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Blockchain is a decentralized database that records transactions in a chronological order. It uses cryptography to secure the data, and it is completely transparent. It is not stored on any single server but across many computers.

Blockchain is also a chain of blocks, where data is stored and changes from one block to another.

To understand how the blockchain works we need to know “what is the blockchain” which was our topic in the previous blog post, we highly recommend that you read it before taking on this one.

What is a block?

A block is where data is stored, the type of information stored inside of the block changes from a blockchain to another.

So let’s make things easy!

The first thing you need to know is that every block in a blockchain contains information about the transaction. This includes who sent money and received it, how much was sent, and even the time it was sent.


Let’s say you want to send someone $100. You enter this transaction into your wallet, which will then create a new block containing all your information about this transaction: your name, address, and phone number.

Now we have our own set of blocks (one for each transaction) that contain all of our information about each transaction. We can then choose which block we want to send our money to (the one with all the correct info), and then broadcast that block over the network using whatever method gives us the best connection speed.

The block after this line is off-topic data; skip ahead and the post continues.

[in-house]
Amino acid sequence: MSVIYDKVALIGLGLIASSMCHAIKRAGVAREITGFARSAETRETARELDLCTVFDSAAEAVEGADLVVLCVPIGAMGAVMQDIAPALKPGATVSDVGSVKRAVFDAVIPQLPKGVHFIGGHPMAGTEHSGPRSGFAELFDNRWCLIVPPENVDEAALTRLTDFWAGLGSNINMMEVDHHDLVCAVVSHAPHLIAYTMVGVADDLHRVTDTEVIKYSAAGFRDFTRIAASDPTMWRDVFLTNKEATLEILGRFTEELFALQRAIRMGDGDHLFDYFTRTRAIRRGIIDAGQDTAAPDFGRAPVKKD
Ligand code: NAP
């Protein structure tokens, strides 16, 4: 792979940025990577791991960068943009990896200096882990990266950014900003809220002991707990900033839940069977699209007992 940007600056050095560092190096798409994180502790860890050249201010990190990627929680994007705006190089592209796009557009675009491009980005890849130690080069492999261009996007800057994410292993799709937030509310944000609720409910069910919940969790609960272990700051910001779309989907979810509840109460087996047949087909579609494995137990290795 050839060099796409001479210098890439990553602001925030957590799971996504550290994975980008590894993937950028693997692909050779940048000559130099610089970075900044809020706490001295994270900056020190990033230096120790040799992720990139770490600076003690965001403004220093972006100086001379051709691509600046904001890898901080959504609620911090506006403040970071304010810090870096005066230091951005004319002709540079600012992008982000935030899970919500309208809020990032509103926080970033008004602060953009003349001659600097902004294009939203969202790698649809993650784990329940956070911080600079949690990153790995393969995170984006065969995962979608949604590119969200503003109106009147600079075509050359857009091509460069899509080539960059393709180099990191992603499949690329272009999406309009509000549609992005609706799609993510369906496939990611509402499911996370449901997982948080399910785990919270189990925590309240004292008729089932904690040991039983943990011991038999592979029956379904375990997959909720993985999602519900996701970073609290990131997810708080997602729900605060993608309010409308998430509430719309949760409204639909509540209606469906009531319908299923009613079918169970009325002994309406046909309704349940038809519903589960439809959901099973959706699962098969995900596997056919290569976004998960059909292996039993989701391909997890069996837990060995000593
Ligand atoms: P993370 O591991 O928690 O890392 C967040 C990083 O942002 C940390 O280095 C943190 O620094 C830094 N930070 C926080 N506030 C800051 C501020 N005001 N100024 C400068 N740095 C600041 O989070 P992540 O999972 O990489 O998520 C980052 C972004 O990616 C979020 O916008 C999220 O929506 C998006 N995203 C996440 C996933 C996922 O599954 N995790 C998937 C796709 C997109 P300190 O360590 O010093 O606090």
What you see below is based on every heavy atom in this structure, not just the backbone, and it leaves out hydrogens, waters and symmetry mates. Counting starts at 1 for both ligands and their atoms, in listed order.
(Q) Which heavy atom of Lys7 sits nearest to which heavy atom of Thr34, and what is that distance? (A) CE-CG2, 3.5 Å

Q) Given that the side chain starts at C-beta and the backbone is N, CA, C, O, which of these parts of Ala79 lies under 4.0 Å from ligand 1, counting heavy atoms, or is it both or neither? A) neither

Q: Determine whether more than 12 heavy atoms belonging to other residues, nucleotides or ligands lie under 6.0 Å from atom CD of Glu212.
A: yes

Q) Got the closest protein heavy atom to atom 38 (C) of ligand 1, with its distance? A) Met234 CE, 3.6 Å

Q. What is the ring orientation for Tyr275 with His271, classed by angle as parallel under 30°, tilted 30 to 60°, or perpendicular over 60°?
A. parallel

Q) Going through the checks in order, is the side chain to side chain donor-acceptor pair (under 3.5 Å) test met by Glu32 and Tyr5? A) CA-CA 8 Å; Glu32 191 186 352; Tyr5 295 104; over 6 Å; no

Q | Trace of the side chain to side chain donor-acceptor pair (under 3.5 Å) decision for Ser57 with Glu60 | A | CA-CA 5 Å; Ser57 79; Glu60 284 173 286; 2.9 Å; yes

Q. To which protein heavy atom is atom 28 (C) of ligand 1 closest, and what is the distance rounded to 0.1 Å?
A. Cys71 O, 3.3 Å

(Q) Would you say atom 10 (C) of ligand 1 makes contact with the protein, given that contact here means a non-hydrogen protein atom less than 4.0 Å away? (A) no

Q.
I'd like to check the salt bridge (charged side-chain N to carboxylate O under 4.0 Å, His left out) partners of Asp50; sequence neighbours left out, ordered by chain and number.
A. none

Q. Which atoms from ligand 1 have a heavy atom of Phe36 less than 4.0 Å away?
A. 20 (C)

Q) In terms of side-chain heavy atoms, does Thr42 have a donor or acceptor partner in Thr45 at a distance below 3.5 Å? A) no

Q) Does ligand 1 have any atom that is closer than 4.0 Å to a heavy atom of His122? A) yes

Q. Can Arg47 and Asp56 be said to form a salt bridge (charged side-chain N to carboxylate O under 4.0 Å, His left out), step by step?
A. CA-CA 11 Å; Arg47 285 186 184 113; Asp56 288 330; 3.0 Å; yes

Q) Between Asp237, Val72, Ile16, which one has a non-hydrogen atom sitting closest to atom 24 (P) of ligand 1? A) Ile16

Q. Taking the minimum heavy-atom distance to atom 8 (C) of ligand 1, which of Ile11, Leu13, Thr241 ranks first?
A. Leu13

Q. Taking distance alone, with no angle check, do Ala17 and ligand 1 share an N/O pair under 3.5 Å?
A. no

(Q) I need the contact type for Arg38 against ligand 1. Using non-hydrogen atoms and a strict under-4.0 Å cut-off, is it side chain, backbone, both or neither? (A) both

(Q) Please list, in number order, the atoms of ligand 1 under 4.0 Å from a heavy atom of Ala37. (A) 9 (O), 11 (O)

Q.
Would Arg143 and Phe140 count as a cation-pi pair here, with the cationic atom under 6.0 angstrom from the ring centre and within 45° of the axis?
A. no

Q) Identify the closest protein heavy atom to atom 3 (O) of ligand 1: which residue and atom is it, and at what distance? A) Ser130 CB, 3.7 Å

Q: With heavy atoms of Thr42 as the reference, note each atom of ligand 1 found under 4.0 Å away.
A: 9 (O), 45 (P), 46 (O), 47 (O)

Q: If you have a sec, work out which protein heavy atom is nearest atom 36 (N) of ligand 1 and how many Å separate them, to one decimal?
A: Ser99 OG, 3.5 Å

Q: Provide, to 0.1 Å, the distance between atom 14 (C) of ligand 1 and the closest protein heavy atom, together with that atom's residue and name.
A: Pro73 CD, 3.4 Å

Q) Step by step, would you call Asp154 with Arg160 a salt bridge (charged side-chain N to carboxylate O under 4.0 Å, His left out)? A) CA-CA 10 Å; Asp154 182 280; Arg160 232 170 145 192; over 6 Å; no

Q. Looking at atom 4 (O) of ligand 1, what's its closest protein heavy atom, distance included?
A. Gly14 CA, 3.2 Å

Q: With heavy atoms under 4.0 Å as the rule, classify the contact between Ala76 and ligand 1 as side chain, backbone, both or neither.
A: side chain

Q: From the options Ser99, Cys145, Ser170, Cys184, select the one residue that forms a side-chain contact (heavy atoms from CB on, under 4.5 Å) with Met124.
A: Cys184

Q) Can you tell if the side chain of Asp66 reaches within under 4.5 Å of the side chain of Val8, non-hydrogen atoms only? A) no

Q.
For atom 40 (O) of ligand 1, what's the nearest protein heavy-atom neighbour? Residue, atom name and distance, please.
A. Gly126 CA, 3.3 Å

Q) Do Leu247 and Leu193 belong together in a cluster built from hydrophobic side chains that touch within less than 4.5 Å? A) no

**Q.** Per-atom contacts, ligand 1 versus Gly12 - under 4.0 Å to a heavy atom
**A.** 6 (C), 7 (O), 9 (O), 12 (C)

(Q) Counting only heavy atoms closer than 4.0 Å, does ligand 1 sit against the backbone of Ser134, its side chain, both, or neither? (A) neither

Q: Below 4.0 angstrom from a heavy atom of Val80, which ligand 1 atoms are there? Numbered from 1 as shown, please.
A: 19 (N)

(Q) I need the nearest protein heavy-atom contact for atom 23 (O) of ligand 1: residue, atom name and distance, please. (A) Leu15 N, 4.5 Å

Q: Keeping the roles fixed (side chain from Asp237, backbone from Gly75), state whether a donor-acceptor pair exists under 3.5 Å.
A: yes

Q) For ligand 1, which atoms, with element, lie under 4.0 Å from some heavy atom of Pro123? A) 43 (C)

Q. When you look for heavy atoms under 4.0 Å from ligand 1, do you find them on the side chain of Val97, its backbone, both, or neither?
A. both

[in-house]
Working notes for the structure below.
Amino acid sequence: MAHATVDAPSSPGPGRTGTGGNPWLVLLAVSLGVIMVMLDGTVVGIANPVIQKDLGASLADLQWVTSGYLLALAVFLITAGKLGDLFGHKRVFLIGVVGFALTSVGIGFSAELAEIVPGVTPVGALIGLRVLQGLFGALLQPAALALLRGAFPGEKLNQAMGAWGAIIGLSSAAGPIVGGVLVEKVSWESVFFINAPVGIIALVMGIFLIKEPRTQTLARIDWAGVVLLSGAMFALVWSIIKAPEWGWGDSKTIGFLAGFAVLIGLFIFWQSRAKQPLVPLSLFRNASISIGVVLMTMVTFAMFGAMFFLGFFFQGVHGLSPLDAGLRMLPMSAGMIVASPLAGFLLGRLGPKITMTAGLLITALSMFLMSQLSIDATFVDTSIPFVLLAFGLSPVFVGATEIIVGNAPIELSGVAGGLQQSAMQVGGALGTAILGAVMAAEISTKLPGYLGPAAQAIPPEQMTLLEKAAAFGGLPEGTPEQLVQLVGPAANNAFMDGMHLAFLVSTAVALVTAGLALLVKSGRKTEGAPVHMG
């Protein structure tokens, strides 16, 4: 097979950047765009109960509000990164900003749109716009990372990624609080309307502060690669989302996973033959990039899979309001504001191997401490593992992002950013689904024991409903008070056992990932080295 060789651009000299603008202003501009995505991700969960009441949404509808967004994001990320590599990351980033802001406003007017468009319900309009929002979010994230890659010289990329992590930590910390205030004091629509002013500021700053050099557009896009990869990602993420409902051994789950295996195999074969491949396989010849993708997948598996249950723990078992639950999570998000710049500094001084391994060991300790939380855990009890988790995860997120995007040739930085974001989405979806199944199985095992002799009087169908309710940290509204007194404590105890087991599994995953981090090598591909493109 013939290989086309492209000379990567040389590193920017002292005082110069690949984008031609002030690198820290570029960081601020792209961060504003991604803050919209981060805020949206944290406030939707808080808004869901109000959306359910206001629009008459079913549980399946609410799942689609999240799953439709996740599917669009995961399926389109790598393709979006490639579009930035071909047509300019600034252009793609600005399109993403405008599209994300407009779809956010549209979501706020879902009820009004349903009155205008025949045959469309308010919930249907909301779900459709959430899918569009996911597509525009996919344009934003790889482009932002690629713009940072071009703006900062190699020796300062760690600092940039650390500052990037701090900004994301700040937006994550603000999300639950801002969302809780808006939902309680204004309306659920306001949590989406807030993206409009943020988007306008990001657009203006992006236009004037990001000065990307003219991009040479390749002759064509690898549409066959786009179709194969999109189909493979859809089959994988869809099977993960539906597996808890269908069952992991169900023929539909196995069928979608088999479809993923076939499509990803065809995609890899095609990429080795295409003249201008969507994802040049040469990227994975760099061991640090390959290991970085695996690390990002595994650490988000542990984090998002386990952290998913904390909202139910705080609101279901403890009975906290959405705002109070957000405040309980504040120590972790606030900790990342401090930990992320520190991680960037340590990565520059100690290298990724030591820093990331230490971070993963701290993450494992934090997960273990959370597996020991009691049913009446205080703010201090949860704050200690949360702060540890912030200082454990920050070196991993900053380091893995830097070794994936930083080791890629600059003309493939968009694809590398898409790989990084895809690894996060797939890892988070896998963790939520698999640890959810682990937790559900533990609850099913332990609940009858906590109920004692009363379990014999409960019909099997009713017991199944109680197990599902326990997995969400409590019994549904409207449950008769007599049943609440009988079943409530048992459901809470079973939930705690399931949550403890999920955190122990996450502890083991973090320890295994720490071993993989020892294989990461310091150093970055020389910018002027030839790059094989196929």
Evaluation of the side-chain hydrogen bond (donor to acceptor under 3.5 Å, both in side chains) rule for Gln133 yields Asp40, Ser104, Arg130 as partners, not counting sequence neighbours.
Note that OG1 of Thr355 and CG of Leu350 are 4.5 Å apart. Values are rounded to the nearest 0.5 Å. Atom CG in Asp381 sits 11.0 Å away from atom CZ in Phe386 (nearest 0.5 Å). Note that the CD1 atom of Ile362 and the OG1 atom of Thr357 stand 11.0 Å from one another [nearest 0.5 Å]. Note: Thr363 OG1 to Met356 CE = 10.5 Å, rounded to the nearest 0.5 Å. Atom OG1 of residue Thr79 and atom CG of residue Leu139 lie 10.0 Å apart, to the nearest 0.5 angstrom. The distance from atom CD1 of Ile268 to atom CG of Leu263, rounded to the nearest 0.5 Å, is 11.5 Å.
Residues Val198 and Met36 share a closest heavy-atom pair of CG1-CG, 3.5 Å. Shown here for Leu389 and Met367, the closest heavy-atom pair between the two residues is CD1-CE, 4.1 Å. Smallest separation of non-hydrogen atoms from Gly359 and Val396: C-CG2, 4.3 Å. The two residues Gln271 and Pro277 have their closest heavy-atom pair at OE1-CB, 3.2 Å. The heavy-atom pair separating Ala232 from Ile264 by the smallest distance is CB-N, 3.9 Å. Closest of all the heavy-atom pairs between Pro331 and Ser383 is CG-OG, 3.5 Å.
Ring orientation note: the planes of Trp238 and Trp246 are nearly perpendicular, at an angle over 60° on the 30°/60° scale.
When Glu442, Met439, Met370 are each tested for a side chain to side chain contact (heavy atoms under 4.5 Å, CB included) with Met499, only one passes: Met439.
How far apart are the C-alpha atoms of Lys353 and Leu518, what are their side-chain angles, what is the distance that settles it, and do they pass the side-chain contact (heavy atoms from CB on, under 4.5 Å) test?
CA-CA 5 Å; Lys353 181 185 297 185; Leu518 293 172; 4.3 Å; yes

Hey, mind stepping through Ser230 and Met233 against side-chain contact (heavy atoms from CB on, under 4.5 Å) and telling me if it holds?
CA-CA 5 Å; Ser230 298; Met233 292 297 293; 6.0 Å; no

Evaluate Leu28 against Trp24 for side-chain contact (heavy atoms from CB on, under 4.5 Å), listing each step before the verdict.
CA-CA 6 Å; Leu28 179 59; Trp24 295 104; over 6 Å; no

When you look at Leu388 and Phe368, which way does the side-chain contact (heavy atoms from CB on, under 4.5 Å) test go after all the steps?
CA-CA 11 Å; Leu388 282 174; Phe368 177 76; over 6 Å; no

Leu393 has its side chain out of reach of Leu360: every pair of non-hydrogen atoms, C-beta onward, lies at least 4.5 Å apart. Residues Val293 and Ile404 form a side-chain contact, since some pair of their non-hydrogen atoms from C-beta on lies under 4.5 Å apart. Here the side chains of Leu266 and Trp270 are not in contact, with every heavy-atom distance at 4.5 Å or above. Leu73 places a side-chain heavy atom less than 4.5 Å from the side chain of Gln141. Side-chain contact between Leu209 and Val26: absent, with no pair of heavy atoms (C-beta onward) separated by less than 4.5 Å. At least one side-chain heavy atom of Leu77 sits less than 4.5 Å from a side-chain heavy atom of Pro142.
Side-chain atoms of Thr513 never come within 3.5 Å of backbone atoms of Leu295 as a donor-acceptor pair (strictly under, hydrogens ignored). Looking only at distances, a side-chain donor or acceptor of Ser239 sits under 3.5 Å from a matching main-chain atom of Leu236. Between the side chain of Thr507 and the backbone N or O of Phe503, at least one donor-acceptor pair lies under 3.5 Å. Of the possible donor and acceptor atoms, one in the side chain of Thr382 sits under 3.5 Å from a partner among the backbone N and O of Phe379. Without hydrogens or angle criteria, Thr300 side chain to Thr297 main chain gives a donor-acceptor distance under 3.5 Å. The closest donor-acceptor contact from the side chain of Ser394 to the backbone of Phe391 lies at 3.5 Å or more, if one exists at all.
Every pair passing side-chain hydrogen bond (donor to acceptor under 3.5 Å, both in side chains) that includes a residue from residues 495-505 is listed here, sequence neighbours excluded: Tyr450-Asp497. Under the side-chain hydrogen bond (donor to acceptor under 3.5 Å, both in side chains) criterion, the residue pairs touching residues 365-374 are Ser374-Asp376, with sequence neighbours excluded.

Once we get our transaction confirmed by one node (which means they’ve verified everything inside of that block), we can confirm what happened from other nodes on the network. If someone else has already broadcasted their own version of this same transaction with some extra info in their version (like an address), then we know that our version is correct.

So now that we understood the bases the core of the blockchain and why is it called that. we can start learning how it works in these briefly steps:

  1. A user makes a transaction, the transaction then needs to be authenticated by the technology.
  2. A block is created containing information about the transaction (sender, receiver, amount).
  3. The generated block is sent to every node (computer in the blockchain).
  4. The nodes then verify the transaction and add the block to the existing blockchain.
  5. The blockchain get updated and distributed across the nodes.


There is a lot more to talk about in this subject and as you can see there are many ways of creating blockchains and we will surely hear about them. This might seem like a bunch of numbers and letters being thrown together to you right now, but i really do believe that the blockchain is a big part of our future. But that is another topic for another day, since we are just getting started on the world of blockchain.

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